Improving the diagnosis and management of infertility in women

Understanding the impact of testing for Anti-Müllerian Hormone (AMH)

The desire to have children comes naturally to many couples, and becoming pregnant might be an easy thing to do. However, after two years of trying, some couples experience the opposite. Approximately 10 percent of all women of childbearing age are infertile, and another 25 percent will experience this situation once in their lifetime. Age is one major parameter when estimating the probability of conception. The quantity and quality of eggs declines in the mid-30s, and this process accelerates as women approach their 40th birthday.

Being infertile doesn’t mean that couples are completely unable to have children, but their chances are reduced if they try to conceive naturally. The chance of conceiving in women aged 35 and older is roughly half that of women aged 25 and younger. Common causes of infertility may also originate from diseases or defects of the reproductive organs, but in 12 percent of the cases the cause is unknown.1,2 Unexplained infertility means that a medical problem may be causing the unwished-for childlessness, but physicians are unable to identify it. For example, the more nebulous factors of stress, smoking and obesity may be a reason as it can affect ovulation.

Infertility tends not just to be a problem in either the woman or man alone; in many cases it stems from both. Experts estimate that around 50 million couples worldwide cannot conceive at all, and in general roughly 10 percent are unable to have children the natural way.3

There is no cut-off point as such when a couple finally has to accept infertility, and a diagnosis of this kind does not necessarily mean a couple is doomed to childlessness. Approximately three out of four women can fall pregnant successfully with the help of medical treatment.

Regardless of the reason, couples ride a roller coaster of emotions, as the psychological impact of presumable infertility may escalate to a true challenge. For the many of them, in vitro fertilization remains the only option. However, couples who are seeking for chances of in vitro fertilization shouldn’t act rashly. It is needed to weigh a number of factors including costs during the course of treatment and a reliable evaluation of the likelihood for conception.

Testing for Anti-Müllerian Hormone levels can help assess ovarian reserve level and adds prognostic value in determining the right course of treatment, as recent studies show that basal AMH levels are associated with ovarian response in patients who undergo in vitro fertilisation.4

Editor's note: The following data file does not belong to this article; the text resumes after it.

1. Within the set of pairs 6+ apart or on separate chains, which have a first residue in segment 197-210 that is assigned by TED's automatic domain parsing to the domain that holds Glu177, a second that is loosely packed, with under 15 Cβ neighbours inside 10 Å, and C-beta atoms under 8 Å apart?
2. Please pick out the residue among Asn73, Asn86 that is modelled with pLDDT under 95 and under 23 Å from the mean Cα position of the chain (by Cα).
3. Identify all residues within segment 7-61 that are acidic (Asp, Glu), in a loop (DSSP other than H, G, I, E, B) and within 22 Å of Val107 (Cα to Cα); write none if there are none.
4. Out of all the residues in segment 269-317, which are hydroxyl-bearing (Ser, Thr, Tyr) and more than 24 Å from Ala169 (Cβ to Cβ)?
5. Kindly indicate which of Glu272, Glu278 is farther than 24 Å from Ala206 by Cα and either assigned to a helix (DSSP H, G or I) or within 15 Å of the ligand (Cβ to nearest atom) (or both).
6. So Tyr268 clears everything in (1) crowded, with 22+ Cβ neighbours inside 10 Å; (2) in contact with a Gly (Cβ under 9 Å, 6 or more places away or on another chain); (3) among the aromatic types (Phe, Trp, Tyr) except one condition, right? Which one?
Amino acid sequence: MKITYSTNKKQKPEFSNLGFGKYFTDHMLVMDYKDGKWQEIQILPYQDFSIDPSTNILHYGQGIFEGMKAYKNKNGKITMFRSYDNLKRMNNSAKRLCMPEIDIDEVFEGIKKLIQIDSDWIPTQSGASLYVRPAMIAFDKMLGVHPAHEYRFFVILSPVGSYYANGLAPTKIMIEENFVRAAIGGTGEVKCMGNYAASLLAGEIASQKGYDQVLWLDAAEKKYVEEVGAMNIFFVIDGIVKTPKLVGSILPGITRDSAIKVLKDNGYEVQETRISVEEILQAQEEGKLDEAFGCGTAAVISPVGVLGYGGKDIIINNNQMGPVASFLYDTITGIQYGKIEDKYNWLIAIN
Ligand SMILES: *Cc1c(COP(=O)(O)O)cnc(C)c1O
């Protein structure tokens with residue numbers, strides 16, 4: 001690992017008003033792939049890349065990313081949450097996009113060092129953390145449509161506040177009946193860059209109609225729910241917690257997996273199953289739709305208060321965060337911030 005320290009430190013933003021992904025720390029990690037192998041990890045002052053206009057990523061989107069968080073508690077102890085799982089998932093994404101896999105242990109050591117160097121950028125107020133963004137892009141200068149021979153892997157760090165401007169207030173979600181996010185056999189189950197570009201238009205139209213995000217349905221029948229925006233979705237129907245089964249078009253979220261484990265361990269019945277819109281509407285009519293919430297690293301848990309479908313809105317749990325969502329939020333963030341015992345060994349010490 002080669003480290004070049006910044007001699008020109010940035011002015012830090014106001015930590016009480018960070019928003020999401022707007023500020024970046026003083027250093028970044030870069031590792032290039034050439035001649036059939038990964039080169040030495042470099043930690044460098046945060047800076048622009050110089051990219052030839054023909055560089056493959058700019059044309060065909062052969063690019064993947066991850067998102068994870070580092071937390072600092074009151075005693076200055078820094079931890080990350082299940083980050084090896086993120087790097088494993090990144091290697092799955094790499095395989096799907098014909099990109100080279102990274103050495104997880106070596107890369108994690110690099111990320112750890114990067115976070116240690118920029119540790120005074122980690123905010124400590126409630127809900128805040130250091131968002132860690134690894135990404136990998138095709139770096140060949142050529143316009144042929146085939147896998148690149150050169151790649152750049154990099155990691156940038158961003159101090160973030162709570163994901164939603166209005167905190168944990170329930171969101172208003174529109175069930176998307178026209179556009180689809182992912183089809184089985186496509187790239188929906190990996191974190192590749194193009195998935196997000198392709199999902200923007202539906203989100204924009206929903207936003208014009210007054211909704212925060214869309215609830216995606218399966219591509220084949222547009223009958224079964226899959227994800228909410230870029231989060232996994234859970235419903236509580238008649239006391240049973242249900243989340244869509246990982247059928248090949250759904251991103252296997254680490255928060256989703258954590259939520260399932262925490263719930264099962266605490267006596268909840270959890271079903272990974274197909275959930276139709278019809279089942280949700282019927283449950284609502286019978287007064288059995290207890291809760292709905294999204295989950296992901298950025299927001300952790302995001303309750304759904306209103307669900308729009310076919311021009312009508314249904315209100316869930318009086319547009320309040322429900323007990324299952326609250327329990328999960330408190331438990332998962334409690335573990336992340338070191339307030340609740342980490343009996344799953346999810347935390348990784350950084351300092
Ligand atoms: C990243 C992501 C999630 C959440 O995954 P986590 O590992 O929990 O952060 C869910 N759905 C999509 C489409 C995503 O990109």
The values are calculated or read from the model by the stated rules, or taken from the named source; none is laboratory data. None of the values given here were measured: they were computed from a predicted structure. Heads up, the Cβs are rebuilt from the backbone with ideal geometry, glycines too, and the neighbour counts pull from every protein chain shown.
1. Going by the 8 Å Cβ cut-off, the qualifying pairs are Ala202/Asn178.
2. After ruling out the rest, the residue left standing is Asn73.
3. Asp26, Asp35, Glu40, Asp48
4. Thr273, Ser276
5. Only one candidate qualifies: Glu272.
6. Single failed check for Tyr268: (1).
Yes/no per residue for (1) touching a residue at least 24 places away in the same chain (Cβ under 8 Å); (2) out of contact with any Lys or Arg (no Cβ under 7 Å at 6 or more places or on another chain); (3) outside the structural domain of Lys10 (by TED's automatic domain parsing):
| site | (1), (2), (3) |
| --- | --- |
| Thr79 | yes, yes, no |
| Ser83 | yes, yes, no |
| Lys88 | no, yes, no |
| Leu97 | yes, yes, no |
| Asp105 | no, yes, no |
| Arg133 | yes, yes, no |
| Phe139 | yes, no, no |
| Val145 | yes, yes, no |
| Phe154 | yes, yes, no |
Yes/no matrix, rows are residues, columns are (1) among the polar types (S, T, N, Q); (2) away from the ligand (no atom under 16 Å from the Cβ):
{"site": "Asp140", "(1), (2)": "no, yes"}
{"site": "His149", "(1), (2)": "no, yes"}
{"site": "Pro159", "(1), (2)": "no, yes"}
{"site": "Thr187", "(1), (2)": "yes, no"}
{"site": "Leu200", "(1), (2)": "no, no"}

In summer 2014, Roche announced its collaboration with Ferring Pharmaceuticals, with a view to combine the AMH test with one of Ferring’s gonadotrophin treatment options. Ferring’s human cell line derived follicle-stimulating hormone, currently in phase III development in combination with the AMH test, could potentially help enable healthcare professionals to improve infertility treatment by delivering a personalised dose.


What is Anti-Müllerian Hormone?


Anti-Müllerian Hormone (AMH) is produced in the small ovarian follicles of women and limits the formation of primary follicles by inhibiting excessive follicular recruitment by FSH. Measuring blood levels of this protein helps healthcare professionals assess the ovarian reserve levels of women and by doing so aids in tailoring the right course of treatment to maximize the changes of conceiving a baby. It may also be of value in identifying women with polycystic ovarian syndrome, a hormonal disorder and a cause of infertility. Testing for AMH is not the only procedure of this kind as doctors can always perform additional examinations such as ultrasound, as well as testing for other hormones such as estradiol and FSH, a hormone which helps control the menstrual cycle.




  1. ASRM. Quick facts about infertility. Available at: (Last accessed June 2014).
  2. CDC. National Survey of Family Growth (2006–2010). Available at: (Last accessed June 2014)
  3. Maya N. Mascarenhas et al. (2012): National, Regional, and Global Trends in Infertility Prevalence Since 1990: A Systematic Analysis of 277 Health Surveys; DOI: 10.1371/journal.pmed.1001356
  4. Himabindu Y, Sriharibabu M, Gopinathan K, Satish U, Louis TF, Gopinath P. J Hum Reprod Sci. 2013 Jan;6(1):27-31. doi: 10.4103/0974-1208.112377